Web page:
Gastroenterology in 2012: Q&A With Dr. Glenn Littenberg of ASGE

Glenn Littenberg, MD, chair, ASGE Practice Management Committee, future recipient of ASGE’s Distinguished Service Award at Digestive Disease Week 2012 and gastroenterologist at Huntington Hospital in Pasadena, Calif., shares his thoughts on the future of gastroenterology.

Q: Do you see yourself or your group participating in an ACO-like arrangement now or in the future?

Dr. Glenn Littenberg: In California, these arrangements are not new concepts. Regional medical groups like the one I participate in, HealthCare Partners, has a very substantial and effective experience in the type of managed care envisioned for ACOs, and will be participating in a CMS Pioneer ACO as well as an ACO with a private payer.

The challenge is to see if patients in non-restricted — Medicare fee for service — or wide-network PPO systems will find enough value in the ACO to participate. In markets like California, patient satisfaction and care access are both quite good and clinical outcomes seem no worse than for patients in traditional fee for service.

Q: How does your practice ensure patient satisfaction?

GL: Trying hard to give patients access when they want and need it, including being accessible by phone and through online methods when efficient and appropriate; giving them sufficient time and particularly attention to what they feel their needs are — not just what we think is medically most appropriate — and understandable advice that they're likely to remember and treatment plans that are practical and affordable, so that they work. And most importantly, performing their procedures safely, effectively and communicating the results and implications of their diagnosis clearly and quickly.   

Q: What procedure has been most helpful to the patients in your practice?

GL: The greatest benefit to the patient lies in the face-to-face assessment of the individual and the advice we can render in consultations and office follow up visits. However, patients probably value the skillfully done colonoscopy most, since it is the most broadly performed procedure with the greatest potential impact on future lives saved, extended and suffering avoided. With colonoscopy, there is also the satisfaction patients get from knowing that they're okay.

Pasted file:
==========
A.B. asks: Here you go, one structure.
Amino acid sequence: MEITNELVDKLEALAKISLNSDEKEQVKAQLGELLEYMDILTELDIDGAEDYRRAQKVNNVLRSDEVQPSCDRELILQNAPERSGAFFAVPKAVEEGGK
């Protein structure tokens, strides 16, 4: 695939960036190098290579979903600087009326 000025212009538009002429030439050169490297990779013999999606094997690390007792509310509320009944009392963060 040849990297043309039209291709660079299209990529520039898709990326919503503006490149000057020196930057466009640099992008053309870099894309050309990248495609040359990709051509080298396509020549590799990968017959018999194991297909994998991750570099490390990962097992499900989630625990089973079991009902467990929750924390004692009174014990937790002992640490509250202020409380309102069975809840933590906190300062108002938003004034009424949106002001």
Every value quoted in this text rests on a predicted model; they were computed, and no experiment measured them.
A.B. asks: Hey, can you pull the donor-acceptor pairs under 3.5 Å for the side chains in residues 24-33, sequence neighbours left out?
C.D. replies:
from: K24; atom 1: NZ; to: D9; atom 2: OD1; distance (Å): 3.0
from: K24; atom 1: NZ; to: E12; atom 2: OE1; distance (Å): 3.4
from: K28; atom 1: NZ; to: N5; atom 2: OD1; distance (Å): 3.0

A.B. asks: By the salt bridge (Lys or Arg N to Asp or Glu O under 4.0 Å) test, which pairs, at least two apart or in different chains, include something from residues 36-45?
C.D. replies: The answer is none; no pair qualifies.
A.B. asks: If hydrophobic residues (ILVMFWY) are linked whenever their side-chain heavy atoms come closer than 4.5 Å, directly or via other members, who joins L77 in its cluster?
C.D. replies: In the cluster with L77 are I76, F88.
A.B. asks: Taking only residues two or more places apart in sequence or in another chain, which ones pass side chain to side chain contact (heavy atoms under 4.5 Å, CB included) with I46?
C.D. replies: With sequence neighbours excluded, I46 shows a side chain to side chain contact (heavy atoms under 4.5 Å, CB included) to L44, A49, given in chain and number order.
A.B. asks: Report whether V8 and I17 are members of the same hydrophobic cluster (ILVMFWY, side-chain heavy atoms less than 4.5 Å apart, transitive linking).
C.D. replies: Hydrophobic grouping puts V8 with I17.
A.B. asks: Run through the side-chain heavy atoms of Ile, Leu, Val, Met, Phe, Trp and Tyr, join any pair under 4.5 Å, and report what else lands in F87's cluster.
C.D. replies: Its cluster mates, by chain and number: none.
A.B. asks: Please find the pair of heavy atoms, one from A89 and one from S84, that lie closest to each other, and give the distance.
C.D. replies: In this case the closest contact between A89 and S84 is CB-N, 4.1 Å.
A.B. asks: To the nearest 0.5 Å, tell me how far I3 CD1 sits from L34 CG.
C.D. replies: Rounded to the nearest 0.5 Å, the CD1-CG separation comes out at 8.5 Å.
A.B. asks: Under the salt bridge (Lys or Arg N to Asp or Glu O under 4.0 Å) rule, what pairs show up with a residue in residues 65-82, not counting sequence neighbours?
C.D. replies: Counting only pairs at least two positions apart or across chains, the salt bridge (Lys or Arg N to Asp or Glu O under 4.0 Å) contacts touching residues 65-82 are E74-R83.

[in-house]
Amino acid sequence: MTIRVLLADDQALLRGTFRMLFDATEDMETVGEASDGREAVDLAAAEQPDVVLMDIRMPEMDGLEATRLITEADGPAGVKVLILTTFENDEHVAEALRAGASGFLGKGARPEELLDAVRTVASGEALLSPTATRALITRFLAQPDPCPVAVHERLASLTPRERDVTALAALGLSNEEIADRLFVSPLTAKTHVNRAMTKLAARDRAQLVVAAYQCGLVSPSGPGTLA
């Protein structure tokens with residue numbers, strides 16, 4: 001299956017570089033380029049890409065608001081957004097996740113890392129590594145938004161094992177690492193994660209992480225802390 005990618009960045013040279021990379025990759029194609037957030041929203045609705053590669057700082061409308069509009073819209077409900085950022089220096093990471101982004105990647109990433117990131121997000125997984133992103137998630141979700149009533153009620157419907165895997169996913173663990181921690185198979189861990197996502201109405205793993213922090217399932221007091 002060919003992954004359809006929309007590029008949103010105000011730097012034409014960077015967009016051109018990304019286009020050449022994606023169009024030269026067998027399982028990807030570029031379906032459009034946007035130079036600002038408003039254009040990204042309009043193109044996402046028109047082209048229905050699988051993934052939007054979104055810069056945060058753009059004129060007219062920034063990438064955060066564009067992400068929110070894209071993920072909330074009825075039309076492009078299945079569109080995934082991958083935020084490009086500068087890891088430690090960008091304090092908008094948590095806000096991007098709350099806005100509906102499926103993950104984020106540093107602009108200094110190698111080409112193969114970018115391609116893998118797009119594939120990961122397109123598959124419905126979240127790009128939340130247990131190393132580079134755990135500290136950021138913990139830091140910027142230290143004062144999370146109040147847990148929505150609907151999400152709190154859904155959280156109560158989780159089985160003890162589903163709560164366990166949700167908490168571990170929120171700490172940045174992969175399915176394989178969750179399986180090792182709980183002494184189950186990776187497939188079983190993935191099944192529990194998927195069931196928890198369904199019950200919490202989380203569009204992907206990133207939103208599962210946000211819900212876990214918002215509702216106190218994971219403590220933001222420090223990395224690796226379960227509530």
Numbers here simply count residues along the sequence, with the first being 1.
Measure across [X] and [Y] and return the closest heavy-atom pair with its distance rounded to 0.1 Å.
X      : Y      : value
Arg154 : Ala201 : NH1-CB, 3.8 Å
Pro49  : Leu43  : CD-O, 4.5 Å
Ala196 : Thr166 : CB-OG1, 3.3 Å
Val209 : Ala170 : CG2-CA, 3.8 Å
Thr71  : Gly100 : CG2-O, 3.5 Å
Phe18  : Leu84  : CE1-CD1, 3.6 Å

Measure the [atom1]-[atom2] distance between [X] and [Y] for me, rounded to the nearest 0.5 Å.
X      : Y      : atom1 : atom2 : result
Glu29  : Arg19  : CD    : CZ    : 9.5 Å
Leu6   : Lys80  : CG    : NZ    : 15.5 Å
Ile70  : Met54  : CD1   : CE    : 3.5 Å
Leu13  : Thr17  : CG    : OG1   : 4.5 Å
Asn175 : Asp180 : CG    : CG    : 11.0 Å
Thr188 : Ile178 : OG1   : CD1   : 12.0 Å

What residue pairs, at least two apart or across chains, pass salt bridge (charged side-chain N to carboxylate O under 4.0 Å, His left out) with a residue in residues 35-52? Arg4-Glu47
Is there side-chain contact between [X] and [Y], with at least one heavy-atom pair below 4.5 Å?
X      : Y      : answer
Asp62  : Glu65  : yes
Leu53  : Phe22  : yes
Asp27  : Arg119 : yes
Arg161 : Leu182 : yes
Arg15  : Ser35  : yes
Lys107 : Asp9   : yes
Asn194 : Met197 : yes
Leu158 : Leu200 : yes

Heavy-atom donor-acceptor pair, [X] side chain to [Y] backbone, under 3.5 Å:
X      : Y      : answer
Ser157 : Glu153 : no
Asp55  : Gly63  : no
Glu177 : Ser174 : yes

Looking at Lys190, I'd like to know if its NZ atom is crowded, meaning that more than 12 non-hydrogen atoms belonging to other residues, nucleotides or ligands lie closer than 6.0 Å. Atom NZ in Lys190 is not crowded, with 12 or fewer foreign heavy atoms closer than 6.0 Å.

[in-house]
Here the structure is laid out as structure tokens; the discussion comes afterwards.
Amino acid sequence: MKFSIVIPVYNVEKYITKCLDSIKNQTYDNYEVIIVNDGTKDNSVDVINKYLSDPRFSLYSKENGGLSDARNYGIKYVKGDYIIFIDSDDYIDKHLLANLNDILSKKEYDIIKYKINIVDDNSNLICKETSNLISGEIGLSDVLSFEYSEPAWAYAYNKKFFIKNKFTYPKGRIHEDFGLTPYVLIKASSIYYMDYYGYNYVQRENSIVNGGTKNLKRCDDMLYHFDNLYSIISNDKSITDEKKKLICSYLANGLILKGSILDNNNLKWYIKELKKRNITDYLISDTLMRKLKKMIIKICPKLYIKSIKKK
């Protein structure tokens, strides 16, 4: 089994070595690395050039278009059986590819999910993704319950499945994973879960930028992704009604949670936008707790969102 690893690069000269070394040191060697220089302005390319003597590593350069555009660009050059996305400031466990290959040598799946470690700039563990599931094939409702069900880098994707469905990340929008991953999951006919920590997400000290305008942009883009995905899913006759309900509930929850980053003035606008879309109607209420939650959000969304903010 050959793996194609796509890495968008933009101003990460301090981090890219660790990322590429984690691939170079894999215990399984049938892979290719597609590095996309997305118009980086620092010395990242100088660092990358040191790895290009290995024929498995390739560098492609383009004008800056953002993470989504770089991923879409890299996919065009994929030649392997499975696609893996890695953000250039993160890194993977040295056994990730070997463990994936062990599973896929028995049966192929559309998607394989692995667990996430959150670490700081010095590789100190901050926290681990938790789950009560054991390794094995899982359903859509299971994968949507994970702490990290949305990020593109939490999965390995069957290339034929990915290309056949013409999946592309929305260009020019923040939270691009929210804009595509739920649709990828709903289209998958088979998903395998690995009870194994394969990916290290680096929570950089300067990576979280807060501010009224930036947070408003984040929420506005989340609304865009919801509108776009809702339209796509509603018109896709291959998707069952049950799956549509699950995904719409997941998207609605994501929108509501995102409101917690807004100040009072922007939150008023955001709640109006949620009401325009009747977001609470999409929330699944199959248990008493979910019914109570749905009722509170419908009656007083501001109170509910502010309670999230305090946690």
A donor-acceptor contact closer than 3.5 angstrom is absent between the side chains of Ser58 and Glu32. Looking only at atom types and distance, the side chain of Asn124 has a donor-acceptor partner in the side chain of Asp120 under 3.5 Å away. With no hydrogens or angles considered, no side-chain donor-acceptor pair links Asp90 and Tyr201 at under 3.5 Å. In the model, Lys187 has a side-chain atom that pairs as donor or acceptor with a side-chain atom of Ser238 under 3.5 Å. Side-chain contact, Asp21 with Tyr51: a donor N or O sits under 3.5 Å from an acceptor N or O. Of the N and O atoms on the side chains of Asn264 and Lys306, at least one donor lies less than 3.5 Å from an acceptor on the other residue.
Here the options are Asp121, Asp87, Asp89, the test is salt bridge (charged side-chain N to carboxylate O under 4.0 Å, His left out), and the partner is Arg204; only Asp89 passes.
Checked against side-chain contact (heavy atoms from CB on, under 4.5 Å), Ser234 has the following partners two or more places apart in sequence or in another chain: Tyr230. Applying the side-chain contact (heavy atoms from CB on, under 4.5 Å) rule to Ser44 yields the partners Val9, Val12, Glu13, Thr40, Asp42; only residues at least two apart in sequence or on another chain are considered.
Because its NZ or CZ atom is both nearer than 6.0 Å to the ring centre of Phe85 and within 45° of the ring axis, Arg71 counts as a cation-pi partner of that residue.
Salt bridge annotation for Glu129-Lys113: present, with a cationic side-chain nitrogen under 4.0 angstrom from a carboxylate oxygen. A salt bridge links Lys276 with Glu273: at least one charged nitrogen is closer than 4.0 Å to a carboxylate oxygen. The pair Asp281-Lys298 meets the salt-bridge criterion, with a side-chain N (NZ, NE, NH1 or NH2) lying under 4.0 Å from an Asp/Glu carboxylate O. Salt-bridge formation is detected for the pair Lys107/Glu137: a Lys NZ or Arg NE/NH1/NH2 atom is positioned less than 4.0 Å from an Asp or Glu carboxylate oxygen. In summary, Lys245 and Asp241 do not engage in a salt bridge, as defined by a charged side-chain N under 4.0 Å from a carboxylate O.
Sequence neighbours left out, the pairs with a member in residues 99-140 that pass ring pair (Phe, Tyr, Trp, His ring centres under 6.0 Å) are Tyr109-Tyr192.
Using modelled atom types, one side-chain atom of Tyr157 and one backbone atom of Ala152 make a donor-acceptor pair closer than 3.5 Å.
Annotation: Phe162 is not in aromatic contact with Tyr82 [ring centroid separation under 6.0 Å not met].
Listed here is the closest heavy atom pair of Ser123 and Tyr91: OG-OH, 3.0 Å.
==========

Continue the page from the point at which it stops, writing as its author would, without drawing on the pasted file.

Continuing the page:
Q: What changes do you see in terms of technology?

GL: We must find more cost-effective methods of dealing with obesity to bring the results of gastric bypass down to the level of an endoscopic procedure or a medication. We may soon have reliable technologies to allow for resect or discard or view or ignore for many colon polyps, which we now send for traditional pathology. If we get a low-toxicity oral program for hepatitis C, the implications will be huge.

Q: What treatments are you having the most difficulty receiving pre-approval from payors for?

GL: Medication authorization and reauthorization, for both routine medications and high-expense medications such as for hepatitis C and biologics for IBD, take up a lot of time. Approvals of advanced imaging and of capsule endoscopy would be more difficult if we weren't well-organized to provide rationale up front. In terms of my staff's time, the pre-certification process is often onerous as we have to use both phone and log-in online methods.

Related Articles on Gastroenterology:

Obese Patients Less Likely to Have Genetic Mutation Associated With Better Colorectal Cancer Outcomes
Dr. Santiago Horgan Performs First Single-Incision Gallbladder Removal in U.S.
Patients who Develop Esophageal Dilatation After Gastric Banding Often Require Conversion to Different Bariatric Procedure

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